HTTP accelerator company Varnish and Content Delivery Network (CDN) vendor Akamai are teaming up to launch the Akamai Connector for Varnish.
Why is this (potentially) interesting?
Well, the suggestion is that this could make life easier for DevOps and admins responsible for content delivery. Yes, it’s Con-Deli DevOps, obviously.
Customers use Akamai as a CDN and have put Varnish in front of it for performance gains. However, combining both comes with downsides like synchronisation problems or double work.
Both of these issues are now formally addressed by the connector.
In detail, the connector: automatically signalises the effects of cache rule changes in Varnish to Akamai in real time; it automatically synchronises purge requests with Akamai; and it ensures proper configuration of core operational elements.
According to a statement from Varnish, the scale of the Internet itself and the complexity of its underlying architecture is one of the main reasons for slow content delivery.
Down on the upside (of the Internet)
The firm says that the downside to the Internet being a decentralised ‘network of networks and interconnected nodes’ is that you never know which way your content will travel through it, making fast content delivery challenging to guarantee.
Content delivery networks (CDN) arose in part as a response to this inherent weakness.
“CDNs are typically offered by providers like Akamai to deliver content through their networks, guaranteeing better performance, higher availability and more security than the anarchic Internet. They are architected as a distributed system of servers across many networks and datacentres, with an origin server at one end (in the cloud, in a datacentre, or both) and the audience at the other,” said Espen Braastad, VP of engineering at Varnish Software.
A CDN can provide many benefits, including offering a protective security layer, shielding the origin from attacks or overloads. One of the technologies used to deliver better experiences and therefore drive better audience engagement is caching.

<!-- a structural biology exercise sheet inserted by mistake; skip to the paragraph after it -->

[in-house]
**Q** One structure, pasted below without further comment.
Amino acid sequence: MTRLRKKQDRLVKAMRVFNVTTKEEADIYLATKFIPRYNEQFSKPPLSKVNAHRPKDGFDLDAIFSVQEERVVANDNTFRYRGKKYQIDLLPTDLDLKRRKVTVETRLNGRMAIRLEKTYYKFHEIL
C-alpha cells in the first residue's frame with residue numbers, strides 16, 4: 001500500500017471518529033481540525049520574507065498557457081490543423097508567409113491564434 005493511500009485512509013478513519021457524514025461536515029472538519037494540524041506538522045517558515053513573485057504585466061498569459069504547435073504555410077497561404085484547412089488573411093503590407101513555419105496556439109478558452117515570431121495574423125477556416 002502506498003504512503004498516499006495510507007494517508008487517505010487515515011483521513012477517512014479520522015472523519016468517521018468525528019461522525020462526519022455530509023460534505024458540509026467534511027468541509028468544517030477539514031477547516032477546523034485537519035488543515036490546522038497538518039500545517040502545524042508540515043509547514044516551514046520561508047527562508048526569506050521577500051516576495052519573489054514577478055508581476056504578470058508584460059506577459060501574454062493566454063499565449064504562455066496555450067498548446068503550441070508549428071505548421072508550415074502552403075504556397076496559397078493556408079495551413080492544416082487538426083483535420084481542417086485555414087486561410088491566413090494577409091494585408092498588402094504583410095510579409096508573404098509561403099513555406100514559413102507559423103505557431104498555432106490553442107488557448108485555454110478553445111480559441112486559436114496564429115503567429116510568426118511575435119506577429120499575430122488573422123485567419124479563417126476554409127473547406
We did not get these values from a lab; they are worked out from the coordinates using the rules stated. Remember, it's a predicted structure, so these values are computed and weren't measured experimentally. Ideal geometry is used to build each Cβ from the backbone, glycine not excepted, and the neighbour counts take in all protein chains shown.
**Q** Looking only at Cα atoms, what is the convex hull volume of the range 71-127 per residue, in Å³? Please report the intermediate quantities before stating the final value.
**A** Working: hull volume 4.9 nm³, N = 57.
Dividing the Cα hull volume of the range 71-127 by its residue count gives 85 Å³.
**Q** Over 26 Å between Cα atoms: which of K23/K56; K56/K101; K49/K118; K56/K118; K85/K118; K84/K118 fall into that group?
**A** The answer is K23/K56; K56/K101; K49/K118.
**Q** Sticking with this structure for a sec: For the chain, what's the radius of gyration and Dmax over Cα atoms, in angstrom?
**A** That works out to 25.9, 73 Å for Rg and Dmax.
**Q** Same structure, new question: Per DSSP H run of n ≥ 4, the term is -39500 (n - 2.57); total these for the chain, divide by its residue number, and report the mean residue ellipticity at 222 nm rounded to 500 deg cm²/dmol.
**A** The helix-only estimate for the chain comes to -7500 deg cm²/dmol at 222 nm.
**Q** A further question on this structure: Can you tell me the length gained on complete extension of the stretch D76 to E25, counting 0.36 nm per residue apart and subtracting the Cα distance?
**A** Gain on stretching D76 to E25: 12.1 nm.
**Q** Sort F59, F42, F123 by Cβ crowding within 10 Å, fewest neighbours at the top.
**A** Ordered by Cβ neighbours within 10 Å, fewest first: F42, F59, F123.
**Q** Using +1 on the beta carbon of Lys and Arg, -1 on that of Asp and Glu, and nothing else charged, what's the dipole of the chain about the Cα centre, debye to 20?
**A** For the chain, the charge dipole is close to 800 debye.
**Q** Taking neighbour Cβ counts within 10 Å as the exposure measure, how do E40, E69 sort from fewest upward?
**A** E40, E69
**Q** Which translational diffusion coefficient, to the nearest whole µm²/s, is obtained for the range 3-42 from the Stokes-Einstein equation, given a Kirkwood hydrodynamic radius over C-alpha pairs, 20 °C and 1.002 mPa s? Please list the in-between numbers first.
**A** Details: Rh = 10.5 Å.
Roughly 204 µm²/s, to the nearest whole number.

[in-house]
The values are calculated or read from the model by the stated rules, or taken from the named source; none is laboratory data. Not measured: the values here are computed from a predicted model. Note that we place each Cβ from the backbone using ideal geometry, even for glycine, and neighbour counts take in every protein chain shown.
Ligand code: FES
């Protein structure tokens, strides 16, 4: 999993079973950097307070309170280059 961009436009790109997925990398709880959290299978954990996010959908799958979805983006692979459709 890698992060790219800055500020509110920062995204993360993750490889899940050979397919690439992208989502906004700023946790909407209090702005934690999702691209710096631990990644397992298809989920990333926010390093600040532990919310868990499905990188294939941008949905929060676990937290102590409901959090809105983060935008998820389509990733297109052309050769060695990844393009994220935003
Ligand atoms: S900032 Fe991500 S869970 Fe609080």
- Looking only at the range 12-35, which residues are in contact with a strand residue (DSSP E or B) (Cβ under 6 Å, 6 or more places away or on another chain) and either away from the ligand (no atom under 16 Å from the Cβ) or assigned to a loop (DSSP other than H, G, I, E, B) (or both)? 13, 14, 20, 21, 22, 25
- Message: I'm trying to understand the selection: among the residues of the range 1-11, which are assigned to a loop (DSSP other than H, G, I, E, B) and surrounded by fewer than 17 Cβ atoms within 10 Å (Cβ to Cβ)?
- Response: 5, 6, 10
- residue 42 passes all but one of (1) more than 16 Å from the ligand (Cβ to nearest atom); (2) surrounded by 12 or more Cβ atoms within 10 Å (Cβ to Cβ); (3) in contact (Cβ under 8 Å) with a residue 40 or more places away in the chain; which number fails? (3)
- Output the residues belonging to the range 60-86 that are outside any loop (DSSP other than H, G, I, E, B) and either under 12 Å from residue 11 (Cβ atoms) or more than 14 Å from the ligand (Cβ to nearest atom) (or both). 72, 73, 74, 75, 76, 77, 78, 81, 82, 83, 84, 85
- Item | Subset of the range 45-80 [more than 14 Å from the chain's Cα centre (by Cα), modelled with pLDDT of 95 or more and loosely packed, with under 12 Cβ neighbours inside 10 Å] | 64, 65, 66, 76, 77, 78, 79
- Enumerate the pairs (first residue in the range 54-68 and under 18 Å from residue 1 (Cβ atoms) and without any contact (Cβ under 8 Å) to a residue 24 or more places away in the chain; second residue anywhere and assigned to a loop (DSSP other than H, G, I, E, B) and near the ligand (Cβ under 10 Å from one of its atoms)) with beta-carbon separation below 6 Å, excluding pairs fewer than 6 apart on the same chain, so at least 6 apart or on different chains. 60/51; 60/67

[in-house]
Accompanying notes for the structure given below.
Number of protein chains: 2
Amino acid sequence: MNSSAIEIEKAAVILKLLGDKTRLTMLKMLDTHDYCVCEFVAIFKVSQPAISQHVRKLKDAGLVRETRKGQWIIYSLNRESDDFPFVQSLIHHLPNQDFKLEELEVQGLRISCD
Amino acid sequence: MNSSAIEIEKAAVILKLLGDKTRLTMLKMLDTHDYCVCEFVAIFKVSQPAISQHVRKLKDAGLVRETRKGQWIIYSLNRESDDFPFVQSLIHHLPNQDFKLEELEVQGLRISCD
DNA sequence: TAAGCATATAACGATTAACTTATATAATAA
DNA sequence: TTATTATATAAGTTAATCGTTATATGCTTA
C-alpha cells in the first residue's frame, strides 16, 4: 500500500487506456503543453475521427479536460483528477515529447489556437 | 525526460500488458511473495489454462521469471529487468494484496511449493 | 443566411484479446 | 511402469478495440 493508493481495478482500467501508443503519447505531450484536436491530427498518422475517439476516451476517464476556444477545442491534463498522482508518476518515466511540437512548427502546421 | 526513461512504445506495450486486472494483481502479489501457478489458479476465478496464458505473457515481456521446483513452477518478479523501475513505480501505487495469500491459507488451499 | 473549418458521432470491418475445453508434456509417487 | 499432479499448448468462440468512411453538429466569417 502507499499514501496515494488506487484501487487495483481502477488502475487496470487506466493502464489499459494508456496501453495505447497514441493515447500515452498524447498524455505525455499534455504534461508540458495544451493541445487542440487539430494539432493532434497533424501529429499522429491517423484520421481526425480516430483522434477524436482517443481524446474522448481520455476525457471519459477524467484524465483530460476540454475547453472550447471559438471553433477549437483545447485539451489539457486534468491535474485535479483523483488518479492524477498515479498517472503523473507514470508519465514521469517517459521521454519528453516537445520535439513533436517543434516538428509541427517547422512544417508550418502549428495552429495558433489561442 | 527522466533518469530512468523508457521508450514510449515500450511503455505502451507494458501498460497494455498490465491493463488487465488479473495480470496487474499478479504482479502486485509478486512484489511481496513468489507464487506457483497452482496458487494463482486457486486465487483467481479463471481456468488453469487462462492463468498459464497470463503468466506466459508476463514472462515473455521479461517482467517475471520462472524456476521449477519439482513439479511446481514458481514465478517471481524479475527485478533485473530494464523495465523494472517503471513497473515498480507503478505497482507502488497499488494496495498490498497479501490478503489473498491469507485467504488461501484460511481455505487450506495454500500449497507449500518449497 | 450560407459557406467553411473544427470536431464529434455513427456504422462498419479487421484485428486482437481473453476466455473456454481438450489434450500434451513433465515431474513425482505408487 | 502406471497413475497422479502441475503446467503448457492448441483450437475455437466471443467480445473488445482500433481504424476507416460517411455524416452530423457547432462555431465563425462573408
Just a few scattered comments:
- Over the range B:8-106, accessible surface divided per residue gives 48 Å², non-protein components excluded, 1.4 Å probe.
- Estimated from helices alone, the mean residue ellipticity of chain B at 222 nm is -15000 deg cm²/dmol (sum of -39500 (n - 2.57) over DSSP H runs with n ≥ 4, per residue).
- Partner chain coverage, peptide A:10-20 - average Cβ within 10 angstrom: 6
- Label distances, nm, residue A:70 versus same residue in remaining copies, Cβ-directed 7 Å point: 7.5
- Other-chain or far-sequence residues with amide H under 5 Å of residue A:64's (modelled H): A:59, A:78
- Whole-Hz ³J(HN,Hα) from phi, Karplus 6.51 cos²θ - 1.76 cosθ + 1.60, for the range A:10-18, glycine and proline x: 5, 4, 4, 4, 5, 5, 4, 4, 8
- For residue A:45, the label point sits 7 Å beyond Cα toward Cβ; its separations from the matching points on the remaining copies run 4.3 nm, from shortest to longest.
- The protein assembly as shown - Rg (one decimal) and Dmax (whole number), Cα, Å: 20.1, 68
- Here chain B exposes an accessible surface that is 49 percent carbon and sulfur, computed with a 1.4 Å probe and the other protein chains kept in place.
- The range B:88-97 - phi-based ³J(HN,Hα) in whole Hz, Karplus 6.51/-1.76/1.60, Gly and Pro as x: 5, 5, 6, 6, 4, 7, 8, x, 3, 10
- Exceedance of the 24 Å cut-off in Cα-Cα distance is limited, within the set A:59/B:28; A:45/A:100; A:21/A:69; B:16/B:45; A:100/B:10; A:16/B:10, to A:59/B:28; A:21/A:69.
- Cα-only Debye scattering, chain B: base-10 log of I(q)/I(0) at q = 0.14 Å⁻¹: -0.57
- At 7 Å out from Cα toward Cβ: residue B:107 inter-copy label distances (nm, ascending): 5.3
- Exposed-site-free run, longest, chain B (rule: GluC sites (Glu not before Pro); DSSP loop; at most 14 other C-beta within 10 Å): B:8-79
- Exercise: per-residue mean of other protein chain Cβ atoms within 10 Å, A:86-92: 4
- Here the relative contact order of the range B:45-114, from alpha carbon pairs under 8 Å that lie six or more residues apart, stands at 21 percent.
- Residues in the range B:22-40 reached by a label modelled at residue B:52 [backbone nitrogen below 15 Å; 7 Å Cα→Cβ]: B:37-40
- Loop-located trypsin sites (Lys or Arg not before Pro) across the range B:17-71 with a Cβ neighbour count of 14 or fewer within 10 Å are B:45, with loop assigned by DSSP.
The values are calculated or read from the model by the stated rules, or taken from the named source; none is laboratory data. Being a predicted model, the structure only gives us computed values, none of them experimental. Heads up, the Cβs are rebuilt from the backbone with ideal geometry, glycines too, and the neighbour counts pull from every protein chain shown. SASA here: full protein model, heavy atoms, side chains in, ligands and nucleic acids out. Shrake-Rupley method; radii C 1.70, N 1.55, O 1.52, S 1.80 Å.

Braastad explains that the Akamai Connector for Varnish uses the Varnish VMOD extensible framework (a kind of framework for Varnish plugins) to add Akamai-specific functionality to instances of Varnish. It synchronises the origin and Akamai settings, ensuring that Akamai best practices are implemented consistently and correctly across the whole infrastructure.
“Delivering fresh content when different systems are involved can be quite complicated. Content updates are usually executed where the content resides on the server. This means that older content might still be in the cache, so the user will not see the updated information immediately. In this case, the cached content must be deleted, or purged. The concept, known as cache invalidation, was referred to by internet veteran Phil Karlton as one of two ‘hard things’ in computer science,” writes Braastad.
If you purge cacheable content locally, the Akamai Connector for Varnish will automatically echo back the changes to Akamai and synchronise the caches, ensuring cache consistency across the whole infrastructure.
The Connector further ensures that core operational elements are configured properly, orchestrates Edge Side Includes (ESI) processing on the Akamai platform and applies best-practice Akamai settings at the origin server.
CDNs are the future, again?
A CDN can cache the content closer to the user instead of the requests and responses for content having to connect all the way across the Internet back to the origin server.
As we depend ever more heavily on the Internet and the so-called cloud model of service based compute, analytics and storage… a more intelligent era for DevOps centric accelerated content delivery could be upon us.
The new era will not come without configuration and management complexity, which is clearly what the Varnish and Akamai are trying to address here.
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